Redefine Normal // Rediscover Hope

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That Focker was Right

I literally couldn’t believe what I was hearing. The tenor of the entire meeting turned gross with no warning. Mockery and derision about concepts and people I admire.

I felt literally sick to my stomach, but I said nothing. I was the newest member of the organization, and this was the first meeting I was invited to join. It was not my place to judge or voice disagreement.

But I had a very important decision to make – did I want to continue to participate in a group that was against what I stood for, and was actually considering steps that would antagonize those who held my exact beliefs?

Time to consult the circle of trust

I was shellshocked. I needed help. So I turned to my trusted advisors, my circle of trust.

In the movie Meet the Parents, Robert De Niro’s character Jack Byrnes shares some great truth with Gaylord Focker. If we don’t have our own circle of trust, we are in trouble.

We all need a small group of friends, the 3 – 5 people we absolutely trust with our ugliness, our fears, our internal sin. Usually some combination of spouses, family, work colleagues, college buddies, and childhood friends – this core group of people have the greatest influence in our lives. These are the people who we listen to when they speak into our lives.

Including my wife, I have five people I try to talk to before I make any major decisions. Two of them I have known about eighteen months, one met my wife when we started dating, and the last is the person who convinced me I still had something to offer as a leader in the church.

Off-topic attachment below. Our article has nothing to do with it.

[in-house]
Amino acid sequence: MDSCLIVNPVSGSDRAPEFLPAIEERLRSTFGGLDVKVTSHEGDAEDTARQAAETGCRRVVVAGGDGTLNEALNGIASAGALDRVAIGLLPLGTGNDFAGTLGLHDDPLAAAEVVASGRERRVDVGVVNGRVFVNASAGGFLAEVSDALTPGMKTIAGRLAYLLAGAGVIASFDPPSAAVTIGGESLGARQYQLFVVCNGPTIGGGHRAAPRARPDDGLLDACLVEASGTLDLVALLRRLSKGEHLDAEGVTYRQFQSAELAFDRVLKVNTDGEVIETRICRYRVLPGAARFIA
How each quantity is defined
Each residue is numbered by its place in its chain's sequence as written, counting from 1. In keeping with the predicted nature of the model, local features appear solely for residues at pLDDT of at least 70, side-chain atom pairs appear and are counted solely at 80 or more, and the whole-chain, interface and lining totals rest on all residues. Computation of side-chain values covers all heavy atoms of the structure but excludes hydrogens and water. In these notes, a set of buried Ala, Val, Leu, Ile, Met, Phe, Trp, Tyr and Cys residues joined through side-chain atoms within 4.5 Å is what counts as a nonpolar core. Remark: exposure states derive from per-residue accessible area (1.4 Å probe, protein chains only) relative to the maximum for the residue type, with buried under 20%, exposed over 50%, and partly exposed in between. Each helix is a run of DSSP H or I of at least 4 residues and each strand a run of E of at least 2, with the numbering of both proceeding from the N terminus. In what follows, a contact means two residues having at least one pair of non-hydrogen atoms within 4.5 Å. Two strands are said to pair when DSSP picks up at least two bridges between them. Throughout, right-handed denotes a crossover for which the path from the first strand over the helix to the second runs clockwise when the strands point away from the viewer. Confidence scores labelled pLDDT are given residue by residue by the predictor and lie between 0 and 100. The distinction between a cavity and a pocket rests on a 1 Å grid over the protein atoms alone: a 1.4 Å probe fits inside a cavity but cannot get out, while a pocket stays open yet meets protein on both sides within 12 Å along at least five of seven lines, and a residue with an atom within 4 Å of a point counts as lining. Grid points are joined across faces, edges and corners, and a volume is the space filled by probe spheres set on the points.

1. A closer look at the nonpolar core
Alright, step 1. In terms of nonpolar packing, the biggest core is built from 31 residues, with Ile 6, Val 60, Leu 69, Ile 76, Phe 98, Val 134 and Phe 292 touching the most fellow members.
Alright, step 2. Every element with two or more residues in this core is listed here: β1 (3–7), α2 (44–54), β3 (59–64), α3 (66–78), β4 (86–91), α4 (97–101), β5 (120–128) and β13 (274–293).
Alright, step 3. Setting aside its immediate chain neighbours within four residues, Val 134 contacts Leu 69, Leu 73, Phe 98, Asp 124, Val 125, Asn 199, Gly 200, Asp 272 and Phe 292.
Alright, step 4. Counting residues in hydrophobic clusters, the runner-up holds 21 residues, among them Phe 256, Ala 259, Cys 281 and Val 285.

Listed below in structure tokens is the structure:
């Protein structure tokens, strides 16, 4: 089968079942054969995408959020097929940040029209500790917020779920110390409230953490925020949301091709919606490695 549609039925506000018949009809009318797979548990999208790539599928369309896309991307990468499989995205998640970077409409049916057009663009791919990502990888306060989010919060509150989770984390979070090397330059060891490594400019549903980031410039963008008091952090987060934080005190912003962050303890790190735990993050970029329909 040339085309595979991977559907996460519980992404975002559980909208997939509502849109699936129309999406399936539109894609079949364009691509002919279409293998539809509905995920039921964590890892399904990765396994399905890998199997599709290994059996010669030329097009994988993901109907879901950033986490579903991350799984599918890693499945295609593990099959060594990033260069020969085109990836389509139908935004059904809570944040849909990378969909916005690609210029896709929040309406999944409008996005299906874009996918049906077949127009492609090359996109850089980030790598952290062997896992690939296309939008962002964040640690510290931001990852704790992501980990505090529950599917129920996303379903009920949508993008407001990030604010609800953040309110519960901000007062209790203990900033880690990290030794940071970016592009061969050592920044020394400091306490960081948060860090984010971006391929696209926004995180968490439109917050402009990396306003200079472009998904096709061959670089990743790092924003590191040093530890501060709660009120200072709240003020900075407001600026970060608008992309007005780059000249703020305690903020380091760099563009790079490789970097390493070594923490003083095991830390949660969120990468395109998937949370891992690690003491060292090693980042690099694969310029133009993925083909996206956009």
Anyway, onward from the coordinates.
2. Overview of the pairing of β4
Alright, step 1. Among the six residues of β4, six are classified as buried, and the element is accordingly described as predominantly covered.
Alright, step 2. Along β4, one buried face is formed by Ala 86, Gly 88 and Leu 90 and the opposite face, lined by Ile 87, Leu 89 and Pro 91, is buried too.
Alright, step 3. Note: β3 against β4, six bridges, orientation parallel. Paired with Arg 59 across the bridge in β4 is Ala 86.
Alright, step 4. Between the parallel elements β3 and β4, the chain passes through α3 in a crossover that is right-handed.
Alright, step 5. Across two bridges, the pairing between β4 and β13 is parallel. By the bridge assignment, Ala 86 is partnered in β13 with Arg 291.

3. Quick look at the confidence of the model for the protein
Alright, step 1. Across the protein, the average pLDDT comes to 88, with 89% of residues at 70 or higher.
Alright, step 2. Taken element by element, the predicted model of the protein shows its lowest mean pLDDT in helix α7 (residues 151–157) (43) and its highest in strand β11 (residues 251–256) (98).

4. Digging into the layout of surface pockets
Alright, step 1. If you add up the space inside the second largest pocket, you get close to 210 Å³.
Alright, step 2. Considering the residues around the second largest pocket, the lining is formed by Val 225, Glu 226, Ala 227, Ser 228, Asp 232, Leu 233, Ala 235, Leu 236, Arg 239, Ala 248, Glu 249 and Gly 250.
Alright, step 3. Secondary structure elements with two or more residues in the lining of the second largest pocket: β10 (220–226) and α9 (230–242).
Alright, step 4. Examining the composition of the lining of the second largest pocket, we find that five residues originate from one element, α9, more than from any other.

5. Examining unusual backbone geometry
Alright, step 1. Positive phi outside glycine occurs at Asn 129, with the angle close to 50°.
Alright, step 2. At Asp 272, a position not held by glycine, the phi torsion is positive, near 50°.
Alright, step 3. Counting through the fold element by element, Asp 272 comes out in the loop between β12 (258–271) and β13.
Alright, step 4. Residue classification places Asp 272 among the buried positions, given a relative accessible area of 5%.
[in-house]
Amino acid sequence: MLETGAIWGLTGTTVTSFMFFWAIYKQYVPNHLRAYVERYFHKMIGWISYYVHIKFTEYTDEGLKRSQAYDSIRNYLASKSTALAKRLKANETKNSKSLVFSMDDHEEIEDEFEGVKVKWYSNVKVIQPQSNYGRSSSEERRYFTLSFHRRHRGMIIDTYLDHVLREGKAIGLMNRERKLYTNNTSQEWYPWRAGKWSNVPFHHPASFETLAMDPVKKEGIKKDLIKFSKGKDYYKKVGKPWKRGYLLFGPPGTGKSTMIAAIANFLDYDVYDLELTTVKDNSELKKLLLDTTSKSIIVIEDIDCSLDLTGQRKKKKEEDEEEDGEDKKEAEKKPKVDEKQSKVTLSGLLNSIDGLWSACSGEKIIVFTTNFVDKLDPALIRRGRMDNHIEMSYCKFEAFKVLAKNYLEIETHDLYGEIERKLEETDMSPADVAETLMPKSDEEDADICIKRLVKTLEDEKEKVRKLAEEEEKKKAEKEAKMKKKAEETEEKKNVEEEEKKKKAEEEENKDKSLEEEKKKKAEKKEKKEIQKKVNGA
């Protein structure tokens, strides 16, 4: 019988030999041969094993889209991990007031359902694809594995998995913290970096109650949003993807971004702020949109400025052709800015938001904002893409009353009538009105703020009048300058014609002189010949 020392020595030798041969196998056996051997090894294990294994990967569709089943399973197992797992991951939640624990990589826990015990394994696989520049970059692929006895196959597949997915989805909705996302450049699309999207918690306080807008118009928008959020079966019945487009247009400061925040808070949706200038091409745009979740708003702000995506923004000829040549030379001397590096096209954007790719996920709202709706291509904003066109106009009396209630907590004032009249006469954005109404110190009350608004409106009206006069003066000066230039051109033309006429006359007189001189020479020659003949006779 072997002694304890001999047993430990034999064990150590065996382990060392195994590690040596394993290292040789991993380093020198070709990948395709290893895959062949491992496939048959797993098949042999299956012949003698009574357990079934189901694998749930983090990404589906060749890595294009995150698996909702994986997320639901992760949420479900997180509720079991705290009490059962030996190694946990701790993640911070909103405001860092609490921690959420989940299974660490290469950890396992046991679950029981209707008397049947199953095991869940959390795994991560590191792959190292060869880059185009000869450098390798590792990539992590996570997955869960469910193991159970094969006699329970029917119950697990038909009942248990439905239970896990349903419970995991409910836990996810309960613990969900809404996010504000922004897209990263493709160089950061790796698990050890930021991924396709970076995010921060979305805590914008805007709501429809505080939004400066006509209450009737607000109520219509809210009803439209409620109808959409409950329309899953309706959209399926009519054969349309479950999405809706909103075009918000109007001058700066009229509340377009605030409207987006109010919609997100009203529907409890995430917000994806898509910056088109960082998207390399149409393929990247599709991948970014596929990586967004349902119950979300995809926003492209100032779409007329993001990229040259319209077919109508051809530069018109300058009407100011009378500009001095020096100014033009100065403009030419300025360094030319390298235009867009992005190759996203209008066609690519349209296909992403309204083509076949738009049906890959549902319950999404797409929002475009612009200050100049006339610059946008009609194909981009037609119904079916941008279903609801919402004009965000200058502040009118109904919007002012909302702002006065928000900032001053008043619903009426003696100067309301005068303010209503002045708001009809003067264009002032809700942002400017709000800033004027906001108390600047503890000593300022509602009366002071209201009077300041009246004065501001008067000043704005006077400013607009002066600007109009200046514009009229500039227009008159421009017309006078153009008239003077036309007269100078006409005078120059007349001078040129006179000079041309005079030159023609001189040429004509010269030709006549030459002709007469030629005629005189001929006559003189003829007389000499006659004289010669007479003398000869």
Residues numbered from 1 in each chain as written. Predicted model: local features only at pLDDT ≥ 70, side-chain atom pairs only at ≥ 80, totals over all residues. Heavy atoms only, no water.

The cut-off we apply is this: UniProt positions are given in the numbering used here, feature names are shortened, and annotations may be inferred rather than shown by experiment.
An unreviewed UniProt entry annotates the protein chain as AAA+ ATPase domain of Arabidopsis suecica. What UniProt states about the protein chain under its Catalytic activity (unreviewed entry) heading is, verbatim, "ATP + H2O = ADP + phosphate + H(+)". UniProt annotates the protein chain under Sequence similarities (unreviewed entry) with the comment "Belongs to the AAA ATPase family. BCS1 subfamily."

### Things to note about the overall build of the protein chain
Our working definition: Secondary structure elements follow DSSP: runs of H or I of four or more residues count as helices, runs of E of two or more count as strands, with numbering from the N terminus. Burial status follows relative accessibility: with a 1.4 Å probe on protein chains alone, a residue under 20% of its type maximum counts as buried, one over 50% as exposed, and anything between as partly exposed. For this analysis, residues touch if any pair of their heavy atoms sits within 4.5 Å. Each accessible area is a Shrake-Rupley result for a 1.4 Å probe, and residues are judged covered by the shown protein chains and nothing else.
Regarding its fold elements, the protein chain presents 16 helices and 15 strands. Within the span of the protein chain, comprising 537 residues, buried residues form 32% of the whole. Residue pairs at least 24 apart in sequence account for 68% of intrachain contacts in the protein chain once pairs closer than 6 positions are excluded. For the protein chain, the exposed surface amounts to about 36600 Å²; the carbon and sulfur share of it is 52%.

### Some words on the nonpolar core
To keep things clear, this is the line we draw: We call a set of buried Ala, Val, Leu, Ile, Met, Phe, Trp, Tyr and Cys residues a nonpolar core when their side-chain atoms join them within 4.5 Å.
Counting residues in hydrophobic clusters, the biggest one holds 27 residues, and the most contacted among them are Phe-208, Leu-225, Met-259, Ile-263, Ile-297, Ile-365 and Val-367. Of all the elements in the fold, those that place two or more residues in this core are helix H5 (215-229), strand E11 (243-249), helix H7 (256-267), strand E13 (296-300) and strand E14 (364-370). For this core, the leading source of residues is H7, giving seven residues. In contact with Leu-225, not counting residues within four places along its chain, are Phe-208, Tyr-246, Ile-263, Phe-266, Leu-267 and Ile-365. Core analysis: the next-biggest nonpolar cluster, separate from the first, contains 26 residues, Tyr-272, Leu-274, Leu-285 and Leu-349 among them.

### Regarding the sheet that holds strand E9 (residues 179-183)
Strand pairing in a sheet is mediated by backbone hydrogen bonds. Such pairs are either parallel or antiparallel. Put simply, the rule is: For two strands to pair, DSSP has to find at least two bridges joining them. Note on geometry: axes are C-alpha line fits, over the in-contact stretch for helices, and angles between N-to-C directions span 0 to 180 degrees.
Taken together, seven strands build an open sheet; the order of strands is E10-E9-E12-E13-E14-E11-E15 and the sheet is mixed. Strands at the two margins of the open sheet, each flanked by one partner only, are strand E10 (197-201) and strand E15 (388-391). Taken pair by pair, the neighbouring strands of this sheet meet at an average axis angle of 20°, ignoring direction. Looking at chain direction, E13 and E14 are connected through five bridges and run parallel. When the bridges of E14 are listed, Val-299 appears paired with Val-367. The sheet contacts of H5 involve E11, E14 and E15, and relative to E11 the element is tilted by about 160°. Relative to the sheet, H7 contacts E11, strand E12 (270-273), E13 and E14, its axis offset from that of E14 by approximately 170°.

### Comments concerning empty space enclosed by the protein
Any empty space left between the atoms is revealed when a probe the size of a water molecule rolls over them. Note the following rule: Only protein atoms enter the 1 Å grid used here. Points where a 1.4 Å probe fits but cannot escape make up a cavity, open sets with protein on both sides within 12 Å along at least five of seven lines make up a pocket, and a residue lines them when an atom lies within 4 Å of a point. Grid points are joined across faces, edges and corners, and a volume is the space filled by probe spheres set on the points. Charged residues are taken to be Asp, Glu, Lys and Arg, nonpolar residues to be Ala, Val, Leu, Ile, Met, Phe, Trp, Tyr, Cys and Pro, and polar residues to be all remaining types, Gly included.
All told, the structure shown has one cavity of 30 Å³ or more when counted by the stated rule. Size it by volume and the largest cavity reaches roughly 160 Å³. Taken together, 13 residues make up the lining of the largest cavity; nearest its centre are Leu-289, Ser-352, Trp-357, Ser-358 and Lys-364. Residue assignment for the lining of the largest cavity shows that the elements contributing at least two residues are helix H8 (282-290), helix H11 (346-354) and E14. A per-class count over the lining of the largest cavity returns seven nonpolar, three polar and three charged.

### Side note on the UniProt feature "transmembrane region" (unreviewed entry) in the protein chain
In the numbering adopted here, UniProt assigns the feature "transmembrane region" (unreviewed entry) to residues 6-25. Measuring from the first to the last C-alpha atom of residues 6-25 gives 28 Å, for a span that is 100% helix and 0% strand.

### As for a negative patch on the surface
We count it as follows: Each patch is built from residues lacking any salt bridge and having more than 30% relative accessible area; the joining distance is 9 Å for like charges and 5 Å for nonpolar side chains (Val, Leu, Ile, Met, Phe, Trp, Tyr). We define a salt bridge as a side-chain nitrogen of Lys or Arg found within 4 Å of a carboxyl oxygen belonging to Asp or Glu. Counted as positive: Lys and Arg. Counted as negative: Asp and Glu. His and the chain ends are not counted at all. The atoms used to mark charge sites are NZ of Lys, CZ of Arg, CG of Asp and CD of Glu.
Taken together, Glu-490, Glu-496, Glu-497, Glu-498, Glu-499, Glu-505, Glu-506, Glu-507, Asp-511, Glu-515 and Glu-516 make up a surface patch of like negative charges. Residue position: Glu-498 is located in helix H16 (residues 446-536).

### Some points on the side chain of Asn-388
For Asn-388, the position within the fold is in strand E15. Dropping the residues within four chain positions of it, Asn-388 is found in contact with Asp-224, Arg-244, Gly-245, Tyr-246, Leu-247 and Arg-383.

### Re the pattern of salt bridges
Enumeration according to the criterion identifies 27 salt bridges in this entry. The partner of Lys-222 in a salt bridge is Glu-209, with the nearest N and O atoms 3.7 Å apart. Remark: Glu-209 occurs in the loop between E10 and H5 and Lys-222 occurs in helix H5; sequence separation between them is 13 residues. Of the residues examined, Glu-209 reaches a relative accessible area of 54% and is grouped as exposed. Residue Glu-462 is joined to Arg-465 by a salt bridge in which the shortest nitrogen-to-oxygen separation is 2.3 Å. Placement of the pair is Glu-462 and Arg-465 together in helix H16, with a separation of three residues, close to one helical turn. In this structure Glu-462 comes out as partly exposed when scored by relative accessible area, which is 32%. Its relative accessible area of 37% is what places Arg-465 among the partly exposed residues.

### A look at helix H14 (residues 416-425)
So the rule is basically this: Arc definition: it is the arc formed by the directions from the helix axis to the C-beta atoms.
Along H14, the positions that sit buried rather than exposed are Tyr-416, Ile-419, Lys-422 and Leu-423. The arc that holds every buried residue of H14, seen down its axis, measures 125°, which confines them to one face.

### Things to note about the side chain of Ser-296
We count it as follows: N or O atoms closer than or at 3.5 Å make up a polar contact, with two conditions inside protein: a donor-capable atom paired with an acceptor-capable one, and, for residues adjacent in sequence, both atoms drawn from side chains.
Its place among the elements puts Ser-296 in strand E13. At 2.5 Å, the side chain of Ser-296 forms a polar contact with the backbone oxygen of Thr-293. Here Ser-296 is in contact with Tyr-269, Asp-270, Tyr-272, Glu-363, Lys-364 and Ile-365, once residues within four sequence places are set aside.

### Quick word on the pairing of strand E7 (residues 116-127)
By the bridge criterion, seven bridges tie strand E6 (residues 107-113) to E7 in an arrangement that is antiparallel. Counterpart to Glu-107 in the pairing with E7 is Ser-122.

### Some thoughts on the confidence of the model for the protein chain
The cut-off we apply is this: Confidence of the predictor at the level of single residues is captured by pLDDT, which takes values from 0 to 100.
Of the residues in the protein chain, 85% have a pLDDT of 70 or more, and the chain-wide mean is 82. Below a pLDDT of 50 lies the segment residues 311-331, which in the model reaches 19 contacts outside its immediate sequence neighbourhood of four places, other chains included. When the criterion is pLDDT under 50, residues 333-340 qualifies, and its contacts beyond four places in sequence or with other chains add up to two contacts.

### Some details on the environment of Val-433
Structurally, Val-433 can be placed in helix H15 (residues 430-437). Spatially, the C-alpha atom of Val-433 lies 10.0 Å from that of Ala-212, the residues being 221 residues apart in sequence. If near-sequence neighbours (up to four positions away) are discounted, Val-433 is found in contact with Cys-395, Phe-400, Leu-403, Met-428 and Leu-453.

Some are pastors, some are writers, and some are neither. But they have some things in common, characteristics that everyone in a circle of trust should have if they are going to help you thrive.

They KNOW me

This is the most important. Each of these five people know my heart. They know who I am, who I hope to be, and how I want to get there. Even if I sound like a royal jerk, they know that is not who I am. They also know my wounds, so they know when a situation has touched a tender spot in my heart.

They are diverse

I am not always going to get the same answer from all five people in my ‘circle of trust.’ Sometimes, my wife will give me a completely different answer than my writing friends, and I will get a third answer from my pastor friends. Actually, that’s exactly the point. I need to hear and understand multiple points of view, so I can make the choice that will help me THRIVE.

They are spectacular listeners

What’s the value of having an advisor who won’t listen, you ask? Not much, and yet it can be surprisingly difficult to find people who will stop talking long enough to hear my story. I mean, really listen and hear even what I am not saying, instead of moving at warp-speed to telling a “This reminds of when I…” story.

They also have some traits that uniquely qualify them to be one of my advisors. They own certain qualities that fill in my blind spots.

They have excellent BS detectors

I desperately need this. I am usually even-keeled, but then there are times I am most definitely not calm or rational.  I get all worked up sometimes and ready to make a brash decision that will impact my family and my future…over nothing. Or I allow fear over some possibility in the future to terrorize and paralyze me. I need advisors who tell me to slow down when I am buying (or selling) some BS.

They are blunt

Not everyone is willing to step out and say, “You are just wrong.” All my advisors will do this, using almost these exact words. Some would rather be more subtle, but I sometimes miss subtle. So they give it to me blunt.

Everyone needs a carefully selected inner circle

This circle of trust can keep us from running away from painful relationships, when what we really need to do is press through and find healing. These advisors will tell us when we are wrong. They will broaden our horizons. They will keep us on the path toward THRIVE. Not everyone needs BS detectors or bluntness.

How would you describe your circle of trust?